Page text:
We’ve come a long way since Jennie Lee’s First Steps, but it’s clear there is still some way to go. I’m optimistic: while I’m not naïve enough to think it’s top of their agenda, I don’t believe, as some commentators wrote in response to the Warwick publication, that ‘politicians just don’t care about culture’. Ministers are increasingly interested to understand the growing body of evidence about the impact of arts and culture across a range of government agendas. And I’m inspired by the appetite among artists and cultural organisations to work together to find new approaches and solutions, as evidenced by the remarkable growth of the What Next? movement and the establishment of the Creative Industries Federation to provide a single, unified voice for a single, joined-up sector.

After 7 May, when the election results are in, my hope is that the incoming government seizes this moment to re-imagine cultural policy for the 21st century, taking into account that growing body of evidence and addressing the challenges and opportunities of Britain today. As we celebrate this anniversary and the 1965 White Paper’s enduring legacy, all the indicators are that now is the time to take the next steps. Just one question nags: where in today’s political landscape is the Jennie Lee to take the lead?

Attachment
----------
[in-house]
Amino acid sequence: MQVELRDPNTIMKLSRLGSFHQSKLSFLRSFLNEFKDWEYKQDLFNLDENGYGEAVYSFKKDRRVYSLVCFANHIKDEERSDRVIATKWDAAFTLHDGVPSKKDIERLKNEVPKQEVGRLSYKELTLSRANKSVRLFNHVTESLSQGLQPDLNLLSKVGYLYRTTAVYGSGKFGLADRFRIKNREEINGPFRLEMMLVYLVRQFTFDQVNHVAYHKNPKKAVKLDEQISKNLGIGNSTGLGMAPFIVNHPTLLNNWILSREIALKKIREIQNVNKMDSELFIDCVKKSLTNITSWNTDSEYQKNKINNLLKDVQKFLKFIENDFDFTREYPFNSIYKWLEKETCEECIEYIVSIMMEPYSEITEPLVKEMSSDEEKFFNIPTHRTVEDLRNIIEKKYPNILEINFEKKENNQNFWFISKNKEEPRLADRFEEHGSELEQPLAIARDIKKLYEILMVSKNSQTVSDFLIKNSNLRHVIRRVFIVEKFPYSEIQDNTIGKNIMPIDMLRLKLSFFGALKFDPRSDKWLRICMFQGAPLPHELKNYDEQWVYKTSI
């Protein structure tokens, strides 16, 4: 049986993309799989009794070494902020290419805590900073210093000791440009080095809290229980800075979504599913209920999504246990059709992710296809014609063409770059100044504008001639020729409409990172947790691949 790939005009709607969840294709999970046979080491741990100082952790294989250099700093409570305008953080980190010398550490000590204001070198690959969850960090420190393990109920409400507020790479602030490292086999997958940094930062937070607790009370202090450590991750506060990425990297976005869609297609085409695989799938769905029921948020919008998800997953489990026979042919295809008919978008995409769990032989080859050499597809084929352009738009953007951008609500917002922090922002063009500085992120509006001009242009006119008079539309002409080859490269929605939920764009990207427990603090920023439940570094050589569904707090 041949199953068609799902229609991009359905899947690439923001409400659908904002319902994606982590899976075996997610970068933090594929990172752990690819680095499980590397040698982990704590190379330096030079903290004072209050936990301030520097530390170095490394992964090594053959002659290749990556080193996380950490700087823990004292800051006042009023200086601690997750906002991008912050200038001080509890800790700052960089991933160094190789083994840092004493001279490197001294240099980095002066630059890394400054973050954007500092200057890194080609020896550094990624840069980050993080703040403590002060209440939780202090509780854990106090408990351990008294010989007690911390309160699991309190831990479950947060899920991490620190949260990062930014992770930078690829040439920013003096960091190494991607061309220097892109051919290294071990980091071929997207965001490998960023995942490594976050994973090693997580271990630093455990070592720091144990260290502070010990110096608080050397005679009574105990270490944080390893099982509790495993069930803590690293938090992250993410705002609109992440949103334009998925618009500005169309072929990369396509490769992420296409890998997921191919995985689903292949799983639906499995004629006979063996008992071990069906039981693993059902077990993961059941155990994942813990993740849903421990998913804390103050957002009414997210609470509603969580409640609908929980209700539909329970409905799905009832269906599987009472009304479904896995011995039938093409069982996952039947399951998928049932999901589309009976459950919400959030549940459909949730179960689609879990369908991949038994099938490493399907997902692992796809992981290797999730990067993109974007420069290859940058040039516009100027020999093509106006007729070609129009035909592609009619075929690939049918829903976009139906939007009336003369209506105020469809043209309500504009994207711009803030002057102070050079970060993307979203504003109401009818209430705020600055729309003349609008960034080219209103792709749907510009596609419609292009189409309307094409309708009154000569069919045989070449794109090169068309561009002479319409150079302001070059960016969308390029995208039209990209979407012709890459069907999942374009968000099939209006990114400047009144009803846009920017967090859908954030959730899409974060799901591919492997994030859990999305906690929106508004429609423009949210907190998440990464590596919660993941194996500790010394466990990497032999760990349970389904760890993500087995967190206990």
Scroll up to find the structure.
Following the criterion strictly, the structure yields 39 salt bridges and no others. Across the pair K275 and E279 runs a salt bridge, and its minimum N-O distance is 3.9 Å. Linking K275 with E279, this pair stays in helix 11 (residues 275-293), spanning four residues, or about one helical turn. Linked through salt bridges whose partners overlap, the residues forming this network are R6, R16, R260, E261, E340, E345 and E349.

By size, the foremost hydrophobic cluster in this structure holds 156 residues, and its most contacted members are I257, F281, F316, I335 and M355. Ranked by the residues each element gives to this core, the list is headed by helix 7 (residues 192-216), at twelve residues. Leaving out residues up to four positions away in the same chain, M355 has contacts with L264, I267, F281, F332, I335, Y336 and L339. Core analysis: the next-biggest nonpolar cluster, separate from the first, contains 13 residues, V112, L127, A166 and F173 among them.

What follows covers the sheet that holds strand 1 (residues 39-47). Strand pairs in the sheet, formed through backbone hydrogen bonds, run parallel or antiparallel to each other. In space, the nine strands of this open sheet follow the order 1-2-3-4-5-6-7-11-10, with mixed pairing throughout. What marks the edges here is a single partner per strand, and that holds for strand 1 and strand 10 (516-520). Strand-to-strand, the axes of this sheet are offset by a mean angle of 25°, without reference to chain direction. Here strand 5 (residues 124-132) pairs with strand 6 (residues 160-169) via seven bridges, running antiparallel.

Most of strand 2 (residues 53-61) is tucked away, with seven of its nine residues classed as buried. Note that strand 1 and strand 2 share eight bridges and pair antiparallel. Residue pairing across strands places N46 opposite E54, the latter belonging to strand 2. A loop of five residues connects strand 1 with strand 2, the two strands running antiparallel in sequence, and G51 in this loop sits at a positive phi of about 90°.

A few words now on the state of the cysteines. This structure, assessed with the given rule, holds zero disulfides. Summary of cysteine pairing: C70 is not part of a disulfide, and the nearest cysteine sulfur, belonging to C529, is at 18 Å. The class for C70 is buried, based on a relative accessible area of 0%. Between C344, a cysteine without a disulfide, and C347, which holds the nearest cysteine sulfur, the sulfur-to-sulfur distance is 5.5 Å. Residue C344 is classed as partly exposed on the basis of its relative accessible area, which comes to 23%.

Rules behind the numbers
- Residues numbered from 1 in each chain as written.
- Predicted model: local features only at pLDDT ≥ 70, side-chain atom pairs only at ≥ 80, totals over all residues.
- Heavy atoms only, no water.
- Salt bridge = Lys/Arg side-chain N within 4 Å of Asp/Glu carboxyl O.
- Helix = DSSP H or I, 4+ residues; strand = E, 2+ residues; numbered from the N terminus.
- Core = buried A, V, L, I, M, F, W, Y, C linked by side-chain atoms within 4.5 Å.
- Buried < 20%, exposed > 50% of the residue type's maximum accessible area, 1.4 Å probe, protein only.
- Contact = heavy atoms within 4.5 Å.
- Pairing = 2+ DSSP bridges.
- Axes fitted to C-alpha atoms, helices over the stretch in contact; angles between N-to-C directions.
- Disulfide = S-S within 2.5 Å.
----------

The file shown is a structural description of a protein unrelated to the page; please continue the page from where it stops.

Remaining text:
Get Creative

Deborah Bull, Director, Cultural Partnerships at King’s College London, gave this speech at the BBC’s launch of Get Creative, a major year-long celebration of British arts, culture and creativity. Follow her at @BullDeborah @CultureatKings


History has tended to associate creativity with extraordinary people doing extraordinary things: From Leonardo da Vinci to Mozart, Einstein to Edith Piaf, Steve McQueen to Zaha Hadid.